By Midge Pierce
SE citizens concerned about a stretch of the proposed bus rapid transit service lacking stops can take solace that a requested stop on inner Division has been added.
Otherwise, those still simmering from summer’s surprising realignment of the proposed Bus Rapid Transit (BRT) from Powell Blvd. to SE Division may be dismayed by a citizen’s engagement report in support of the rerouting.
Despite apparent widespread frustration about the realignment, and a letter of concern from the SE Uplift coalition of inner eastside neighborhoods, a steering committee of citizens and transportation experts was expected in late October to formalize approval of the alignment from downtown through Division out to Gresham.
Powell was taken off the table for the project because of unsolvable traffic congestion and the exorbitant expense of demolishing Jade District buildings to configure a BRT crossover connection to Division at 82nd.
A Metro official said public reaction was largely positive. Almost all respondents to a transportation survey preferred the proposed BRT improvements over Division’s existing Line 4, according to spokesman Craig Beebe.
He said most were willing to give up stops if it meant faster travel. Most favored quicker boarding, traffic signal upgrades and better station amenities. Many supported maintaining inner Division’s recently redesigned streetscape.
Sixty-four percent said the proposed station locations work well or very well, although concerns emerged that walking eight to ten blocks was a hardship for seniors and the disabled.
As it moves forward, five additional stops have been added, including one at 30th and Division, which, at 10 blocks was the longest stretch unserviced by a station.
Four other stops have been added in Outer Division as planners ponder ways to service Mt. Hood Community College. Beebe claimed the additional stops will mean that roughly 90% of riders needing ramp deployments will continue to have access to bus service at their current stop.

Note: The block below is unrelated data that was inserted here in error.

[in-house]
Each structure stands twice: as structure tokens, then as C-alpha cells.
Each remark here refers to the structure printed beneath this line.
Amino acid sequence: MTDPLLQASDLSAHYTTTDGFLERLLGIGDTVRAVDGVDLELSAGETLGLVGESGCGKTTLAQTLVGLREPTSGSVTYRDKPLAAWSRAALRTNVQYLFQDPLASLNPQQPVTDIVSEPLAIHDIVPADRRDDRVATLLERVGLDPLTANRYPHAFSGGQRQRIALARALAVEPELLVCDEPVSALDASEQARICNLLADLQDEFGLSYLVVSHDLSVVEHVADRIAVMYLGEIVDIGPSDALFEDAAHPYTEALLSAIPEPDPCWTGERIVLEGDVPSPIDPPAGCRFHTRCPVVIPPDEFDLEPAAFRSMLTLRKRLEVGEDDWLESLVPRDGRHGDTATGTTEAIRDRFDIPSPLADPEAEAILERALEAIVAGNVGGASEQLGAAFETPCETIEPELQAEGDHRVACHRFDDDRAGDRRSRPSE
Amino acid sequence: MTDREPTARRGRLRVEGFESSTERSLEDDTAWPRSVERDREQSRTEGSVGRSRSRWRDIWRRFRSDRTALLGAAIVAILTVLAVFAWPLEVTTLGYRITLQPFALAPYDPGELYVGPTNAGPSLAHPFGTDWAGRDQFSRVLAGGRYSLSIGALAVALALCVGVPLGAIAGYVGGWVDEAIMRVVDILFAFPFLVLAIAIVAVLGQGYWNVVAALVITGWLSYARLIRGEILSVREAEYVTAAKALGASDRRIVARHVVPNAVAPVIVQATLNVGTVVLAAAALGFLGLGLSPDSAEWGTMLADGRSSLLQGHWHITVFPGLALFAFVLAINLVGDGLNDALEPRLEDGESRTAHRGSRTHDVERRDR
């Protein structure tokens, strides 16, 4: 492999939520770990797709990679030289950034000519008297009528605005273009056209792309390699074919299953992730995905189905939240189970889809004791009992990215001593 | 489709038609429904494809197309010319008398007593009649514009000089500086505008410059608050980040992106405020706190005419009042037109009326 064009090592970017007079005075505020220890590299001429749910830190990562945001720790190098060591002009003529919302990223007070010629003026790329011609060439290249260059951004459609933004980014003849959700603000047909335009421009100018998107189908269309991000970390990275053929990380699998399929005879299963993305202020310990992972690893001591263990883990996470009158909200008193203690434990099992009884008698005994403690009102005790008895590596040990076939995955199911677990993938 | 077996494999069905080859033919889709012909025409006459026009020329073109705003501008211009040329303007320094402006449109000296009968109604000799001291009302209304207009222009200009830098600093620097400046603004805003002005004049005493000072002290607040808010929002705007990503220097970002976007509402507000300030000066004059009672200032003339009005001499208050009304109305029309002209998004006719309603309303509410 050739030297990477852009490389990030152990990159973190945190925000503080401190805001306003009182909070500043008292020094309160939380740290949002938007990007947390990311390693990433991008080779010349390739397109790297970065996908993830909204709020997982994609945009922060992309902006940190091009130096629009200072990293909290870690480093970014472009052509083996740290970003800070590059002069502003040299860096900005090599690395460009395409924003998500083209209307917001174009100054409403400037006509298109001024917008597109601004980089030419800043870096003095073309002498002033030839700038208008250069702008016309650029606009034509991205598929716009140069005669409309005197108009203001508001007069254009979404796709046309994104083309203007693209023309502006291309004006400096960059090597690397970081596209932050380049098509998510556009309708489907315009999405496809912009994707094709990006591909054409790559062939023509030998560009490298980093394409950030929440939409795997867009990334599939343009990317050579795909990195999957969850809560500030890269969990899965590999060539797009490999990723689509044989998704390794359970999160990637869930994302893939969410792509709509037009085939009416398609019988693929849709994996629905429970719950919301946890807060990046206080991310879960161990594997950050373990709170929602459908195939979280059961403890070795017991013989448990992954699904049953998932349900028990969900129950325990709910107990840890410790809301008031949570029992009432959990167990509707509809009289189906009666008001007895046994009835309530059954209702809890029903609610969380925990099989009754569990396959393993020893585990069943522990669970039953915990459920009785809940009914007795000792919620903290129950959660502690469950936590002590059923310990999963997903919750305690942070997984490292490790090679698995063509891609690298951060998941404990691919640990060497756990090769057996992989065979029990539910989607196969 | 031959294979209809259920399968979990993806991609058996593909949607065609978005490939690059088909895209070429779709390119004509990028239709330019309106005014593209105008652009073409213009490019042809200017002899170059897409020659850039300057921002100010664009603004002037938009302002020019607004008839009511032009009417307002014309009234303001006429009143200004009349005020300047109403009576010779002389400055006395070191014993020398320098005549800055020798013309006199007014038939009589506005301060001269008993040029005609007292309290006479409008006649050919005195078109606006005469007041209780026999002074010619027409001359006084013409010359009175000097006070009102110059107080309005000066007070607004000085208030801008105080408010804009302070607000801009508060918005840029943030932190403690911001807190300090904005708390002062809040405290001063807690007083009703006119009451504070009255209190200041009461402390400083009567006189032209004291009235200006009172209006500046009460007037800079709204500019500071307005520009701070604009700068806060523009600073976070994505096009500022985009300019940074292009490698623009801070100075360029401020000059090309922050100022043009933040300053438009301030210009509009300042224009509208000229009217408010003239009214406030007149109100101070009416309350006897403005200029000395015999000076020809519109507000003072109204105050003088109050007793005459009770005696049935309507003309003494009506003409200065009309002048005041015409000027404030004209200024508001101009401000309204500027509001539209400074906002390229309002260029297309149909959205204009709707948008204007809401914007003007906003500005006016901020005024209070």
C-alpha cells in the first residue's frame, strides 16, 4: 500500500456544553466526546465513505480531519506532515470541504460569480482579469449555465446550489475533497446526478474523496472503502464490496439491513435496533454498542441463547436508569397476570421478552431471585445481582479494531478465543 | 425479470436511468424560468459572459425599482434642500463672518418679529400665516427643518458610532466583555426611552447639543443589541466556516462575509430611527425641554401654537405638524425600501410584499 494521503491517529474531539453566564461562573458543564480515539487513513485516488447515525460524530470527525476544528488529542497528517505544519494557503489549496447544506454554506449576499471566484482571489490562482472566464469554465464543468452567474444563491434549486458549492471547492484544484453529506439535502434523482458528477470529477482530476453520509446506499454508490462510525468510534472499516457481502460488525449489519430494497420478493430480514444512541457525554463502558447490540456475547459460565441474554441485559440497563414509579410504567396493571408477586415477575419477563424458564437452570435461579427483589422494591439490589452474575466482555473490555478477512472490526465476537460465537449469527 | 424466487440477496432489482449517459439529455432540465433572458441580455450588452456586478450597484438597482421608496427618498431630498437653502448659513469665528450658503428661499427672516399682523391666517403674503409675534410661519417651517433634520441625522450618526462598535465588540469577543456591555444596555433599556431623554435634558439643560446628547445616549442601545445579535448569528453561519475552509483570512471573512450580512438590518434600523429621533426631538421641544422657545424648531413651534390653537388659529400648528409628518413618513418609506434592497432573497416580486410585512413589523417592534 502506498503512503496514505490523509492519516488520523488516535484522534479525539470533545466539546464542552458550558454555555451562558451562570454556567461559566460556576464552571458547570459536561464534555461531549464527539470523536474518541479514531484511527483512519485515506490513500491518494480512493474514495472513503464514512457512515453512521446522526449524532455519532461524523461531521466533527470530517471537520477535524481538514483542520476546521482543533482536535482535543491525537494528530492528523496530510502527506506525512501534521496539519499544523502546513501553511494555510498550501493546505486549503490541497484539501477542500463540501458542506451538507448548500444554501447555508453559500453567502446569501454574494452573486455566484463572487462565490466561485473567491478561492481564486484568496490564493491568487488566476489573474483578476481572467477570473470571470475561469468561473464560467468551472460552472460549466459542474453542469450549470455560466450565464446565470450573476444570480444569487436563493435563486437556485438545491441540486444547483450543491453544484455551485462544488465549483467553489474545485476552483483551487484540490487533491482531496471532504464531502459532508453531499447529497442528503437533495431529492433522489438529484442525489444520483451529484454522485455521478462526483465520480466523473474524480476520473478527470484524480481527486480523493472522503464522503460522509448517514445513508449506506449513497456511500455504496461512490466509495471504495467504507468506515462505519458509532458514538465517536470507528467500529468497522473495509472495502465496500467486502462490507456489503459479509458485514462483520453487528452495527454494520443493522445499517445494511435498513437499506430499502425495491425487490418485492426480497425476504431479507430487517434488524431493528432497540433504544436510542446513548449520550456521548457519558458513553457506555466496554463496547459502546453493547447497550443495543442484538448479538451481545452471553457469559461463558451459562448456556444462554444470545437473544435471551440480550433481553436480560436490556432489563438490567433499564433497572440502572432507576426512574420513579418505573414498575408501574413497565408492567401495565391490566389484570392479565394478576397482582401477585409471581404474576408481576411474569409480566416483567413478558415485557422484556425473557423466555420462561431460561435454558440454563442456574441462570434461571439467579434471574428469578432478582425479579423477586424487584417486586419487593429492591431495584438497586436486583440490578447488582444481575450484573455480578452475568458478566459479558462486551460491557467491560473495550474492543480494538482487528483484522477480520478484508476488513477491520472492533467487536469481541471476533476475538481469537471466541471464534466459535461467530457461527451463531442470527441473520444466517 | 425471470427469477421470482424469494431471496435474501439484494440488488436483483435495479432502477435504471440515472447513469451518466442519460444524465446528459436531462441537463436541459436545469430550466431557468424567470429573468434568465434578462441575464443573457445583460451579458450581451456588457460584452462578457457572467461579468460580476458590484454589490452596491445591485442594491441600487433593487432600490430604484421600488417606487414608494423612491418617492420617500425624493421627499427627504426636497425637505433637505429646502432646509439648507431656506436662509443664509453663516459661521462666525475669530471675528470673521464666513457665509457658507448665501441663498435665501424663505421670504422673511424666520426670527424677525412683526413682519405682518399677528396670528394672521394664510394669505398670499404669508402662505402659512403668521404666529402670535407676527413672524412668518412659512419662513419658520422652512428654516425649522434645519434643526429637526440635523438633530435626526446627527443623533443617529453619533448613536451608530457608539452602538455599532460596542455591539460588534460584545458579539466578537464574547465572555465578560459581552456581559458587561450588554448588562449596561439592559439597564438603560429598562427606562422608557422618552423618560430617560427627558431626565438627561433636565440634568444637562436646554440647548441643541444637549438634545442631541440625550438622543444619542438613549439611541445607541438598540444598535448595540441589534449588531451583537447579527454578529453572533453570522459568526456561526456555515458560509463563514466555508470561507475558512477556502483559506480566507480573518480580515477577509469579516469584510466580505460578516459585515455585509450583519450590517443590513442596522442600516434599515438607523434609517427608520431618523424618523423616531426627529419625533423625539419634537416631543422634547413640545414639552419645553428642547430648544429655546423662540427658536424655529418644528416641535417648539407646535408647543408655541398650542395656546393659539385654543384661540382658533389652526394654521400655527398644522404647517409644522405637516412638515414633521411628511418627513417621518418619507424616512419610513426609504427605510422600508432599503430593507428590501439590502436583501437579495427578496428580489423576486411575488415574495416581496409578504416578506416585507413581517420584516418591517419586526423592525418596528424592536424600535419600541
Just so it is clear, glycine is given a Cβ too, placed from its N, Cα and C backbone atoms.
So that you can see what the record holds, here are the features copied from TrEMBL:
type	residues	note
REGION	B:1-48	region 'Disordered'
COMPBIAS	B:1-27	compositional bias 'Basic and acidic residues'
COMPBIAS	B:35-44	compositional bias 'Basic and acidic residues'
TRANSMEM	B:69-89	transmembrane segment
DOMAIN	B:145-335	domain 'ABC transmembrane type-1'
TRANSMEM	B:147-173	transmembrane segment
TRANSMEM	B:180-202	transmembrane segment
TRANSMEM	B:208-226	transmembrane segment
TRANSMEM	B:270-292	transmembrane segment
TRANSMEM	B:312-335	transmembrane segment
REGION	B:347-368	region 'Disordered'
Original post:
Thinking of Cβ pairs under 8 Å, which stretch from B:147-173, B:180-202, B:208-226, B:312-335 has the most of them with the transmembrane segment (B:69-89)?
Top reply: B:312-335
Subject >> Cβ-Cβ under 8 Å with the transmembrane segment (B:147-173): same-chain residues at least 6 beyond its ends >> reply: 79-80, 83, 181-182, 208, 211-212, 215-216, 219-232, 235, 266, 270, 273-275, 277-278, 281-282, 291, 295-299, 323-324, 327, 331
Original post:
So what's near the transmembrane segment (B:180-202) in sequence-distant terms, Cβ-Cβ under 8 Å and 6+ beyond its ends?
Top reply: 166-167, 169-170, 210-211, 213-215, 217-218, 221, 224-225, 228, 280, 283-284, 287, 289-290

Beebe was optimistic that another major concern of Eastsiders will be solved – traffic back-ups caused by rail-lines on lower Division. He said talks are currently underway between Trimet and Union Pacific to make improvements that might include replacing outdated switches that are a cause of traffic bunch-ups near SE 11th and 12th.
The improvements might alleviate the need for an overpass at the railyards. “This is good news that could help move the project forward. This is a safety and reliability issue.”
Apprehension about whether proposed lengthy articulated buses can maneuver narrow Division St. has been discounted by officials’ assurances that the sophisticated technology is used well and widely in other cities.
As for disappointment about rejection of alignment along Powell, a route critically needing transformation, Beebe said improvements to the boulevard may be forthcoming through a so-called Corridor Wide Strategy.
Under consideration are pedestrian and bike crossing improvements on Powell and shortening wait times by adding service in peak hours. Bus stop improvements are possible at 39th, 82nd and beyond. Pedestrian, bicycle crossings and ADA ramps may be improved at multiple intersections in the 20s, 40s, 50s and beyond.
“Not all are funded,” said Beebe. “But all are part of the vision.”
At an inner eastside neighborhood meeting, reactions to the engagement report ranged from cynicism that it was yet another survey slanted toward desired results, to shrugs that the creature comforts of proposed new covered stations seduced respondents. The report admits that some people were offended by some of the choices.
Any decisions not made last month about alignment, stops and travel modes will be moved forward to early November. The timeline is largely driven by budgeting deadlines of the three partnering agencies – Metro, Trimet and the Portland Bureau of Transportation.
Beebe said all three are well on their way to securing the funds they need to quality for the federal match.